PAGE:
DVLA changes to classic cars. How does this affect you?
A crackdown on the unsuspecting classic car owner seems imminent as Westminster discuss inconsistencies with DVLA changes to classic cars and the way in which they are registered.
If you are a classic car owner then no doubt your vehicle will have its original age-related registration number. Although over the years you may have had to change certain components as part of the expected maintenance of the car.
Well, it would seem that according to the DVLA changes to classic cars and the way they are registered this may not be good enough to satisfy them that your car is indeed a classic! What’s more your pride and joy could wind up with the dreaded Q plate, seriously affecting its value and provenance. With many classic car owners receiving correspondence from the DVLA targeting their vehicle by demanding evidence of its history to substantiate its classification.
What are the DVLA changes to classic cars?
These enforcements are all to do with alterations made to a vehicle that deems it “non-standard”. Potentially it would seem if your classic car has had replacement parts fitted then it may have to be re-registered as a Q-plate if the DVLA feel it is not original enough, which is clearly opening up the proverbial can of worms. As a classic car enthusiast, you are probably all too aware how difficult it would be to replace certain parts like for like, some components may not even exist anymore, therefore,e leaving the owner with no alternative but to replace with after-market parts.
How do you manage to keep your original plate?
At Heritage, we have researched Government Legislation on this matter. It appears through all the bureaucracy there are three possible options if you are restoring or altering a classic car.
Option 1 – Rebuilt Vehicles
Rebuilt Vehicles: there’s no mention online as to whether this applies to classic, vintage or modern cars (although all three definitions can be open to interpretation) it does say however a rebuilt vehicle can keep its original registration number if you can prove you’ve used:
- The original unmodified chassis or body-shell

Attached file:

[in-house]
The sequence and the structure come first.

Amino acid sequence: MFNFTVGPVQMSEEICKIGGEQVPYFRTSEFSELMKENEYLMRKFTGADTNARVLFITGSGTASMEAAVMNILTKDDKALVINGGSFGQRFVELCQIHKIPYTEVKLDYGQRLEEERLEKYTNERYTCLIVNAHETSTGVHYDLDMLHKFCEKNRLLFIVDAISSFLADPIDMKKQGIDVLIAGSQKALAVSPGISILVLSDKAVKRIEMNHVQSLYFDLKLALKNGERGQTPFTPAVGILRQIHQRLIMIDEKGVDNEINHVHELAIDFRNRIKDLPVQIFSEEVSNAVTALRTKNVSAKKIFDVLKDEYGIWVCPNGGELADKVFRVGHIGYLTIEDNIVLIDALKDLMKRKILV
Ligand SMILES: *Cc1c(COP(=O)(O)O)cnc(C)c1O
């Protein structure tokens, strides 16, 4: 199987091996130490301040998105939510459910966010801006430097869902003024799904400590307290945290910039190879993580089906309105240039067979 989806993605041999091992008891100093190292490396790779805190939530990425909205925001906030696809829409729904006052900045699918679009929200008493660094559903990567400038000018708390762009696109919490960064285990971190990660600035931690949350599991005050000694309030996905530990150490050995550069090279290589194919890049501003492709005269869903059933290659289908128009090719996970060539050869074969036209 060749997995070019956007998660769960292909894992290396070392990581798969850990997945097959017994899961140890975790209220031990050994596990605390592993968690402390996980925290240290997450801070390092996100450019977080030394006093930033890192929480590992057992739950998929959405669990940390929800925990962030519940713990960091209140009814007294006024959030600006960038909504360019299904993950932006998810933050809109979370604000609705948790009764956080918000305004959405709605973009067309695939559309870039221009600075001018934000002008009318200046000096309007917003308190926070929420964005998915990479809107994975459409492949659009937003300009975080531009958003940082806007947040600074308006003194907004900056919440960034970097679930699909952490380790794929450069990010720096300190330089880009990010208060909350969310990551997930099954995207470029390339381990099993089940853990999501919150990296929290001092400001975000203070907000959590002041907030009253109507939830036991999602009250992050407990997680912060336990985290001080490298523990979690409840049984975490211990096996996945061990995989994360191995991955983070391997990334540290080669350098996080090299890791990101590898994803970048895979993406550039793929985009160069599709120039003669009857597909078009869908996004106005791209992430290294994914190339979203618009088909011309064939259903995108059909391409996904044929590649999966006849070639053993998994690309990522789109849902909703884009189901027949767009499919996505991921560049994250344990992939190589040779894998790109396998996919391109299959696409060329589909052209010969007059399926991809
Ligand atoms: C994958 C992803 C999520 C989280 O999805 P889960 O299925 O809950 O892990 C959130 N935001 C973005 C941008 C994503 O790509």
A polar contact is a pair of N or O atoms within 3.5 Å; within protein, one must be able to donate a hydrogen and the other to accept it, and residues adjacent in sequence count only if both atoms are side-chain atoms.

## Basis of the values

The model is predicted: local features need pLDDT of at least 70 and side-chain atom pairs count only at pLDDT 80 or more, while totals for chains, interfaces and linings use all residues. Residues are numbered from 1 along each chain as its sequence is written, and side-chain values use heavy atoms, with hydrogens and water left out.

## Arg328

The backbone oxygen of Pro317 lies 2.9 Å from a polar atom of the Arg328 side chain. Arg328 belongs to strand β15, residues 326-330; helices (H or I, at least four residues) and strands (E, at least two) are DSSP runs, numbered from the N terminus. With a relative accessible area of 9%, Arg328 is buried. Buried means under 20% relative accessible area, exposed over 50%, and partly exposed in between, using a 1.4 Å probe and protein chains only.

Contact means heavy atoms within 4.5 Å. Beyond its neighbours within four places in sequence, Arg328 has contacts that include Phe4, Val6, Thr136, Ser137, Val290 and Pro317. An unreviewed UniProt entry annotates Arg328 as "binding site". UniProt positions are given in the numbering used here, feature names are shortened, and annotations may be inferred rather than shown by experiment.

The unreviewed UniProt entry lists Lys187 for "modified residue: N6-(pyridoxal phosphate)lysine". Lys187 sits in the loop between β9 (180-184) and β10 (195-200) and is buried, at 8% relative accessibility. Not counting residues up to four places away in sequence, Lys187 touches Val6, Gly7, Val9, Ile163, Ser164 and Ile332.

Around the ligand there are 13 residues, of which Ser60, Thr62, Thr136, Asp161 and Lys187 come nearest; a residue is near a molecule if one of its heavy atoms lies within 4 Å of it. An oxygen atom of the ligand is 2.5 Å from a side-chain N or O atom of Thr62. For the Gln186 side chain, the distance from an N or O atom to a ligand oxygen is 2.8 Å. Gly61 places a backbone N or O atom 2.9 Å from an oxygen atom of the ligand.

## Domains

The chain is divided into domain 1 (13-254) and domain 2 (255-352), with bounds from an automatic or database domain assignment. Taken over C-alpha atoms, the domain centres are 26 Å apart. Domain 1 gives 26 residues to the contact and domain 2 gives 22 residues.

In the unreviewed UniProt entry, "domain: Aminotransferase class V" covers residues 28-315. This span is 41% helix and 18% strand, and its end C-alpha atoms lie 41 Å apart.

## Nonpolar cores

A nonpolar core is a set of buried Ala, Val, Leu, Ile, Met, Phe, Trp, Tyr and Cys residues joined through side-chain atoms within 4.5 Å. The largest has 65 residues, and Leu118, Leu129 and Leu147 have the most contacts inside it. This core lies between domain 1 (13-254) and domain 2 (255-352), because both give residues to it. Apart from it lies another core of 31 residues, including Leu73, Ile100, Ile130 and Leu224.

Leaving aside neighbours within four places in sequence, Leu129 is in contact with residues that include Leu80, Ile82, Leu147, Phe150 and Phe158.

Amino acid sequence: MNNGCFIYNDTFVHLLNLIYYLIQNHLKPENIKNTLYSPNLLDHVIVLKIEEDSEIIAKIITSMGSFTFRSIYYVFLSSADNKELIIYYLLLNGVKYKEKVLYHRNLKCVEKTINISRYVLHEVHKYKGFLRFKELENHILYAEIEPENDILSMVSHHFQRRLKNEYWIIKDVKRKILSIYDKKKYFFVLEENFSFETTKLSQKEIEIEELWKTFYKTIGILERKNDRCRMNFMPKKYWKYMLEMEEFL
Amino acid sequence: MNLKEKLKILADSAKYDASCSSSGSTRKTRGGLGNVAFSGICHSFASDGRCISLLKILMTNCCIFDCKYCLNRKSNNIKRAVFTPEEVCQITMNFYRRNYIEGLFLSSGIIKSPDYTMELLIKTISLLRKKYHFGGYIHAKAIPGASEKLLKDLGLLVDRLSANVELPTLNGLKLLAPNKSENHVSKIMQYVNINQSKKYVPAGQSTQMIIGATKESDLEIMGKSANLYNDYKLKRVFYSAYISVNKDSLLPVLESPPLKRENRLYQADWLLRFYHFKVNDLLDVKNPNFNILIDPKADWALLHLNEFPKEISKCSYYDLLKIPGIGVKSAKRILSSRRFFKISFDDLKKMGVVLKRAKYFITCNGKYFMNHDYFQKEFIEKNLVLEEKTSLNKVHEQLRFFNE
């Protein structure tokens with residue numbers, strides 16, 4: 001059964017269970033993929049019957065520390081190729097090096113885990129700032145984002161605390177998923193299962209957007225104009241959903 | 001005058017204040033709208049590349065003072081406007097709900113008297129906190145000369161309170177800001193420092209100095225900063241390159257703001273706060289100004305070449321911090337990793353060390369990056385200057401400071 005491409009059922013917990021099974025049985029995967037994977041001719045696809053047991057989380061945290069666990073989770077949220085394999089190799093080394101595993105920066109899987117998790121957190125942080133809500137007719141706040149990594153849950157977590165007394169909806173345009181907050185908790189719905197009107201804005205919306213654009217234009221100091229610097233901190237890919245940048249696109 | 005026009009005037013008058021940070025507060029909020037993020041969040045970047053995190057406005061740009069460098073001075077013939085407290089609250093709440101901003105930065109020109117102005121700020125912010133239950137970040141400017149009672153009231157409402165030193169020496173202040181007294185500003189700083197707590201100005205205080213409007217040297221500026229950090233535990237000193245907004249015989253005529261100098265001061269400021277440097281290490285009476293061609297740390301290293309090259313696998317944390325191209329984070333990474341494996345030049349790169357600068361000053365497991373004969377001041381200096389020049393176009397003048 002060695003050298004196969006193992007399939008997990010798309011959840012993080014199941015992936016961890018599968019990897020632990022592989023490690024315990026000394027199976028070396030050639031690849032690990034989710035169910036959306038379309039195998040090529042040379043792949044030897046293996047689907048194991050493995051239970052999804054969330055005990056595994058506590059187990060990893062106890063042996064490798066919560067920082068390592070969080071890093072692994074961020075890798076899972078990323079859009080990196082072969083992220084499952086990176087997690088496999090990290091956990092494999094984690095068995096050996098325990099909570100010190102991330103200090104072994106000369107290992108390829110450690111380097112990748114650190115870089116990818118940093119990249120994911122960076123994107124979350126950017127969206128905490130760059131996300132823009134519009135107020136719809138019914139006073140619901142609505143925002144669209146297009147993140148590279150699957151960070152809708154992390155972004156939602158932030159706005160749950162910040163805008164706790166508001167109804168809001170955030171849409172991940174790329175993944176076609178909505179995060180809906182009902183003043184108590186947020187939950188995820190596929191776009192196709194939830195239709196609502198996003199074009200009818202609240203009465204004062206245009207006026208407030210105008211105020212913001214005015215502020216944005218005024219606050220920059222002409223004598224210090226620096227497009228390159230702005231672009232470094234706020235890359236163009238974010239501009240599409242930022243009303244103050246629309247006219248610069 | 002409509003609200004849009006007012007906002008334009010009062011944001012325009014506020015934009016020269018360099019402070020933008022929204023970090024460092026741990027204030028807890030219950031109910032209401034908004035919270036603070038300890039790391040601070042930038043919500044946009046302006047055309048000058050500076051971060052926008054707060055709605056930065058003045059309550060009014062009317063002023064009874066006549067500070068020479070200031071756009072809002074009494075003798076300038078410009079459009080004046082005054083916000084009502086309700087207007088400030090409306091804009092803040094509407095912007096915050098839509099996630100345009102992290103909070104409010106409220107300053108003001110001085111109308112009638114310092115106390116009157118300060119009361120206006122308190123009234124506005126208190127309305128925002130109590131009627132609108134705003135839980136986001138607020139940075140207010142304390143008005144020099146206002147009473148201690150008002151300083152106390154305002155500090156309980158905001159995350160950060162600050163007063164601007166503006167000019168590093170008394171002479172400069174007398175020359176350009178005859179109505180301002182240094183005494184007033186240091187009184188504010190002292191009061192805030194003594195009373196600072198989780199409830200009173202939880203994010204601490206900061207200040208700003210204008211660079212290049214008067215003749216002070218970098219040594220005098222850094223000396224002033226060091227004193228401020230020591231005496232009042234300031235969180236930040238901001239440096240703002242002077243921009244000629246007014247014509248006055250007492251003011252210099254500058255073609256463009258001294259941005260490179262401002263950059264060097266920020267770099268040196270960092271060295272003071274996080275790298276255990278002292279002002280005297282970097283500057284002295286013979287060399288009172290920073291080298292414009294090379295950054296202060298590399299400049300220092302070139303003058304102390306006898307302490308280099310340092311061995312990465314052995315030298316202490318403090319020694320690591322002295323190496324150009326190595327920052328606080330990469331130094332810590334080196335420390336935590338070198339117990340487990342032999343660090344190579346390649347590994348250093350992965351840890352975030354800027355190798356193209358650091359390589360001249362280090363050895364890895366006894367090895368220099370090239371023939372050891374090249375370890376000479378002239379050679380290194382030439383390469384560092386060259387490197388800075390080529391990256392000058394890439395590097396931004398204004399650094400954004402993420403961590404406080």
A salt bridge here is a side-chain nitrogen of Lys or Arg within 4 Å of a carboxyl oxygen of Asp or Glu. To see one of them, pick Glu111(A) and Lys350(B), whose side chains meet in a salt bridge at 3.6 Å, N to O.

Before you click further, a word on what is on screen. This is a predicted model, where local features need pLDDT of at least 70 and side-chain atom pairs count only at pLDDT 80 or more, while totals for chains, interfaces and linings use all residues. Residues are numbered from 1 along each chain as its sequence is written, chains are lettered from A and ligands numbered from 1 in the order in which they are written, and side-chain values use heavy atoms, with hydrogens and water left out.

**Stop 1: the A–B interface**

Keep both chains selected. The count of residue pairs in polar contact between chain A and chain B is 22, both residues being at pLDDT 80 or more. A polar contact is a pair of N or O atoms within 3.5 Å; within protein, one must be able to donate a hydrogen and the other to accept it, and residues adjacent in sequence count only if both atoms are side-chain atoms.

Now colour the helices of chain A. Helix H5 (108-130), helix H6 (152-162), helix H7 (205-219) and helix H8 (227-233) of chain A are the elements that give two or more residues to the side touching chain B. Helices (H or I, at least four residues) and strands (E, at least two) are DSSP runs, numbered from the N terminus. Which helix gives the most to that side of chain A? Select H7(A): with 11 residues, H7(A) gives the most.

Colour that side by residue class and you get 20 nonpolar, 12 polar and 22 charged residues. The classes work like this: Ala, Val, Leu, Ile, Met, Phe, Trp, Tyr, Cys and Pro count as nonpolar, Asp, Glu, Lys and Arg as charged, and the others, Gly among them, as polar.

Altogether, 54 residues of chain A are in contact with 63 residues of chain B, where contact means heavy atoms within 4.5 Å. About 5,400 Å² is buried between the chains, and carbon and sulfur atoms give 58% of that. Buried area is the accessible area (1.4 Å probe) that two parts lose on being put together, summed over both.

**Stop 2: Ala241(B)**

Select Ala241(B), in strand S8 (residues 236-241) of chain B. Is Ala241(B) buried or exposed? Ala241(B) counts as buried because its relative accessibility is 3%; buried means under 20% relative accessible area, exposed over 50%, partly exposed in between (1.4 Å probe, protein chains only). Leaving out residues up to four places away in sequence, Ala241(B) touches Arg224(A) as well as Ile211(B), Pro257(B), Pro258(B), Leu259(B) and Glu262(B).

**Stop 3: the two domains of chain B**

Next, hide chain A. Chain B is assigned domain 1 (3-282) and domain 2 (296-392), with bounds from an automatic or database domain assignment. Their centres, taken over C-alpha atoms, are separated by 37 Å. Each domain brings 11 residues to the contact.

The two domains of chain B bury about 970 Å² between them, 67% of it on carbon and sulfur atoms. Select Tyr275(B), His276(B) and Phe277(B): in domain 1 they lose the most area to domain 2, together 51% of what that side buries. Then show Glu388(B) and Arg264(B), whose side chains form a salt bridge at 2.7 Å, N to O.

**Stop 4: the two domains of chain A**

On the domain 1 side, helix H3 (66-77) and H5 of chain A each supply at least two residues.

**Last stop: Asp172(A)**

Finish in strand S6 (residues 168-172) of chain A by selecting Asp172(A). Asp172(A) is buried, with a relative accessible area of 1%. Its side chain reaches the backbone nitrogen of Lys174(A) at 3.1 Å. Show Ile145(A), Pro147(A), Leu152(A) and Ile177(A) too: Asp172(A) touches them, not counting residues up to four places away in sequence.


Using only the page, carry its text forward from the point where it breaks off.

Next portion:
- A new chassis or monocoque body-shell of the “same specification” as the original
You must also have 2 other major components from the original vehicle on the following list:
- The suspension (front and Back)
- Steering assembly
- Axles (both)
Option 2 – Radically altered vehicles
Radically altered vehicles: these are vehicles (once again no classification) that have been altered from their original specification, but aren’t kit conversions.
Keeping the original registration number is based on a point system. The more original the vehicle the higher you score deeming your vehicle acceptable to maintain its age related plate. However, you must have the original or new unmodified chassis and monocoque body-shell. 8 points or more allows you to keep your original plate. Take a look at the points system.
- Chassis, monocoque body shell original or new and unmodified – 5 points
- Suspension (front and back) original – 2 points
- Axles (both) original – 2 points
- Transmission original – 2 points
- Steering assembly original – 2 points
- Engine original – 1 point
Option 3- Reconstructed Classic Vehicles
Reconstructed classic vehicles: potentially with the DVLA changes to classic cars they could only allocate an age-related plate if the vehicle meets the criteria below
- Built from genuine period components from more than one vehicle, all over 25 years old and of the same specification as the original vehicle
- A true reflection of the marquee
- Has been inspected by the appropriate vehicle owners’ club for the vehicle type (marque) and confirmed in writing it has been inspected, is a true reflection of the marque and comprises of genuine period components all over 25 years old
- Disclose manufacturer dates for all major components
The DVLA will then assign an age-related plate but not necessarily for the original year, it will be based on the age of the youngest component used.
So as you can see it gets a little complicated to say the least.
So the DVLA changes to classic cars seems to have started already with them sending out letters randomly to classic car owners asking for justification that their vehicle deserves to keep its original plate, the Federation of British Historic Vehicle Clubs have replied by saying “this would seem to be an inappropriate use of public money” especially when you consider how unclear it is to rectify this matter based on their confusing guidelines. The Vintage Sports-Car Club are now involved as well and are fully aware of the potential implications for the historic car movement in the UK. A representation is intended to be made to the DVLA.
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